All I can do is echo the other reviewers that complained that this was done by people without the creativity and integrity to invent their own premise, so they instead took a cheap shot and just appropriated Roddenberry's idea... and corrupted it to give their usurpation of the franchise a fake air of originality. This shows ignorance of all that has gone before, or worse
Contempt for the original concept and arrogance by the ones who came up with this story... in other words, people who think they have the right to do whatever they freakin' please for their own ends.
If you are a younger viewer who is not familiar with all that has gone before, this movie can be entertaining even dazzling. But for those who know the history of Roddenberry's version at least in my opinion the playing of the TV series' theme music during the final credits was a slap in the face.
The Caine Mutiny (1954)
A Movie As Schizophrenic As Its Antagonist
This movie is about the ravages of war and what it can do to a man under the strain of combat.
But much more than that it is an indictment of an armed service that remained in denial when it had a problem until forced to deal with it, and then treated the ones who brought the problem to light as the enemy. In other words, the old "Shoot the Messenger" mentality.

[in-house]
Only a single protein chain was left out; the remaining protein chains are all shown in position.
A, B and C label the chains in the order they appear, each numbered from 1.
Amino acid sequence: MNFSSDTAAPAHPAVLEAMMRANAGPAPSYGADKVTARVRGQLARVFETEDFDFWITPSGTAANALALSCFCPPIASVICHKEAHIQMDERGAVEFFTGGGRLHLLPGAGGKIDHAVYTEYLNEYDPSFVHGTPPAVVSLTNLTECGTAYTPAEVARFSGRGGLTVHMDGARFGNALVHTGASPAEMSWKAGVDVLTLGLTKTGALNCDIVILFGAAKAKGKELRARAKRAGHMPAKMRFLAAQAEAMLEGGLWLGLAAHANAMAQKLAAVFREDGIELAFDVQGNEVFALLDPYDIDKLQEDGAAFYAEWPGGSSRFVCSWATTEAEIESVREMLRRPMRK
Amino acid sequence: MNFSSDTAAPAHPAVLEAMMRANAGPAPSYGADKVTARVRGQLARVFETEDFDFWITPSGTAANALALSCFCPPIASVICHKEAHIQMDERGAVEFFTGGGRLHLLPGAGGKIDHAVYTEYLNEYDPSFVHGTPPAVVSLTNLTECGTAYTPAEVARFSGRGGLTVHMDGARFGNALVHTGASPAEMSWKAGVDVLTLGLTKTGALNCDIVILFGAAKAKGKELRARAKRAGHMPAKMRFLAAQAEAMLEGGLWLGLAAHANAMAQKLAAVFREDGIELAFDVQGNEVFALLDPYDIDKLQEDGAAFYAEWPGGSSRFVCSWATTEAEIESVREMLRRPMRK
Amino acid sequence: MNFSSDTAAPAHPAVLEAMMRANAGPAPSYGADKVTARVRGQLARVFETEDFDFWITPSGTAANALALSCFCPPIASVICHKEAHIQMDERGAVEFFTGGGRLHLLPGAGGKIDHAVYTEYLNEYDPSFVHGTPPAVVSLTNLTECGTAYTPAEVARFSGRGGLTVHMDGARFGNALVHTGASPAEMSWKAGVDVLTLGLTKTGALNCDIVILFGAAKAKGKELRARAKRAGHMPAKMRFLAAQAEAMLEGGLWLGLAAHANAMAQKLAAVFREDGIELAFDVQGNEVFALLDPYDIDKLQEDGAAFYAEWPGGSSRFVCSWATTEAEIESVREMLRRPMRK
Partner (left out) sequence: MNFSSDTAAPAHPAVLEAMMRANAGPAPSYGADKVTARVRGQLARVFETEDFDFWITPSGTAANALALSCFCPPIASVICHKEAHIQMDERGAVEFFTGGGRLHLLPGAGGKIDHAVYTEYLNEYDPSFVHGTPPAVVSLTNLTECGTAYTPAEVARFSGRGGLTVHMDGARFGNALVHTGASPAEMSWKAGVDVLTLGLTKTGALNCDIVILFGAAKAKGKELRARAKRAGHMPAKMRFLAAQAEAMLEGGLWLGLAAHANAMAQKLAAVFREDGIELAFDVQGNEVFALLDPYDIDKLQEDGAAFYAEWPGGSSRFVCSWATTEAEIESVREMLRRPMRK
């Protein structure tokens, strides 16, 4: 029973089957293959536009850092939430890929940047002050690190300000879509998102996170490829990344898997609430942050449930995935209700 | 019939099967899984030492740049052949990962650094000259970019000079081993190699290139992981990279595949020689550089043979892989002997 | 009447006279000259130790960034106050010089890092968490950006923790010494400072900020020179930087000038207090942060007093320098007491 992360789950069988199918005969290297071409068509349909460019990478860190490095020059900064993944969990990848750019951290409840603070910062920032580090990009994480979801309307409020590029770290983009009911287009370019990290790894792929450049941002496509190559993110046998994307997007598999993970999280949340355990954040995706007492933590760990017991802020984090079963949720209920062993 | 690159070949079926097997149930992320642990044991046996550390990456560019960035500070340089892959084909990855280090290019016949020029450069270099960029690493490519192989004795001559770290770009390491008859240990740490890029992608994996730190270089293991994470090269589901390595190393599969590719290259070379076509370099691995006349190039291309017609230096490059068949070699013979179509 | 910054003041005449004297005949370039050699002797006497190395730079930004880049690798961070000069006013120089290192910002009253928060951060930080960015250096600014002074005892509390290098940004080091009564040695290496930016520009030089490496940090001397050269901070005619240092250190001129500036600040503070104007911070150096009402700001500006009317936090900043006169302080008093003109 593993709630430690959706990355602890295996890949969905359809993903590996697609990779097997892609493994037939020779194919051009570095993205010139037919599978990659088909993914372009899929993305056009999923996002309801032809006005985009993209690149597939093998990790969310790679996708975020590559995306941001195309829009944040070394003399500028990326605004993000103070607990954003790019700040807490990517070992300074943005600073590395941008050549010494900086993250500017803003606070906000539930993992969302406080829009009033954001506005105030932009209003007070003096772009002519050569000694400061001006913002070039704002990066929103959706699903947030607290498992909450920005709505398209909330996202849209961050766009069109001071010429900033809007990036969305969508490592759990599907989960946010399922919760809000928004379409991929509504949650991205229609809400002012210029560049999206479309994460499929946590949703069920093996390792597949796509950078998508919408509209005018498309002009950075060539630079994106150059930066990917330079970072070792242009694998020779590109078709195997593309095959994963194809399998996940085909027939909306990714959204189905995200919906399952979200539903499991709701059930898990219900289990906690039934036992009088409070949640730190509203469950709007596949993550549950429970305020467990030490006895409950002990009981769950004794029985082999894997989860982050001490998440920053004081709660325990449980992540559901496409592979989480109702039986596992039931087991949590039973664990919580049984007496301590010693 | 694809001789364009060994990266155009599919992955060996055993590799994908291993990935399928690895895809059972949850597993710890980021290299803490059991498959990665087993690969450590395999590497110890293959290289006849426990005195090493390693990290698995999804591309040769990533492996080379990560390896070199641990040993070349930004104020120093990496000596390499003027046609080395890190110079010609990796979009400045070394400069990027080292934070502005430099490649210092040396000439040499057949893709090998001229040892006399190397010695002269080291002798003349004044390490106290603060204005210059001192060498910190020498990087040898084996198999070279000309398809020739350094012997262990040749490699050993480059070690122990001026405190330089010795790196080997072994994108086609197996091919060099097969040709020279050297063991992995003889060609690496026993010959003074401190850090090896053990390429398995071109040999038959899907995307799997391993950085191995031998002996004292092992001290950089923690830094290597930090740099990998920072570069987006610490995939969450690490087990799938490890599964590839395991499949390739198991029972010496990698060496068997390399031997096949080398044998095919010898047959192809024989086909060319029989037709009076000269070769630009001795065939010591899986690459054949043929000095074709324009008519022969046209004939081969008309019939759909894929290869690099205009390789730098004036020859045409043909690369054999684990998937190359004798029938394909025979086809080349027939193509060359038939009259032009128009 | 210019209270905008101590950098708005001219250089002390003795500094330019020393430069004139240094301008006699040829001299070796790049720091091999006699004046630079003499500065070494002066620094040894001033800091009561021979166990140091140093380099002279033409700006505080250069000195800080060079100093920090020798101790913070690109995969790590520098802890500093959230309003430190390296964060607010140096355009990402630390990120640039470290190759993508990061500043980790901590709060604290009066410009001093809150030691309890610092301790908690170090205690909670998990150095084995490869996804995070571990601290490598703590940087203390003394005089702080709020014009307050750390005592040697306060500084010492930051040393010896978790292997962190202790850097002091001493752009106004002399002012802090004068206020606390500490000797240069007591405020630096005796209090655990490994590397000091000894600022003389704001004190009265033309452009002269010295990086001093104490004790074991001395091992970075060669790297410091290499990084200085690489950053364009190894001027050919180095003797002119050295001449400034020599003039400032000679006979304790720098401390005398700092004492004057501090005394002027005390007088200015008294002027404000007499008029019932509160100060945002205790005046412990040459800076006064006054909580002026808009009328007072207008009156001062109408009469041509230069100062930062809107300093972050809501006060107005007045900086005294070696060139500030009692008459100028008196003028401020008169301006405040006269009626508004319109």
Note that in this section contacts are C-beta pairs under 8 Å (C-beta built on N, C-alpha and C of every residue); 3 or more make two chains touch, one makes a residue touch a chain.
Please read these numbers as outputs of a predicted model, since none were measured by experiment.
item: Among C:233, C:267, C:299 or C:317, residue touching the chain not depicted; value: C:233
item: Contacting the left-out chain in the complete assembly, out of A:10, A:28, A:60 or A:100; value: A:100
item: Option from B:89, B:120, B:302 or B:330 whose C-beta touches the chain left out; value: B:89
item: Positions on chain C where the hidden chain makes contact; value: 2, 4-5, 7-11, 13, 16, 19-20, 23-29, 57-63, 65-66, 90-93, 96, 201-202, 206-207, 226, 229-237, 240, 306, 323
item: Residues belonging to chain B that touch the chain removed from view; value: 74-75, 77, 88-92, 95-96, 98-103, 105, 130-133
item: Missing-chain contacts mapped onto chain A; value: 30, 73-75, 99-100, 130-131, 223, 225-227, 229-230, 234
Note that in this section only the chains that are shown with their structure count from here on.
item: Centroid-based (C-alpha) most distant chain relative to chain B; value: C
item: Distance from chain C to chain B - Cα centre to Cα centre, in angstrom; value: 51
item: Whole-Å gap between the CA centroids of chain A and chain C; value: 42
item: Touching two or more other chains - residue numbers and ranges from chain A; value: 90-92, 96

The details: A ship's captain snaps and has a nervous breakdown at a crucial time. A junior officer relieves him of command in order to save the ship and the lives of all aboard. A company of three of the captain's junior officers had previously gone to speak to the admiral about the captain's bizarre behavior and then one of them backed out. He was made to look gutless and yellow for doing so, but he was really just being practical. He recognized the futility of trying to tell a system that operates in denial -- where covering things up when they portray the system in a bad light is SOP -- that they have a problem.
The attorney for the accused put on a competent defense and then spat venom at his client after he got him declared not guilty of mutiny. How dare he shame the nice war-hero captain who had done so much for his country! See? If they had just let the captain sink his own ship then he and they would have been dead war heroes and everybody involved would have been properly mourned and remembered. This way they had to deal with the reality of one of their heroes having lost it because he couldn't take the pressure.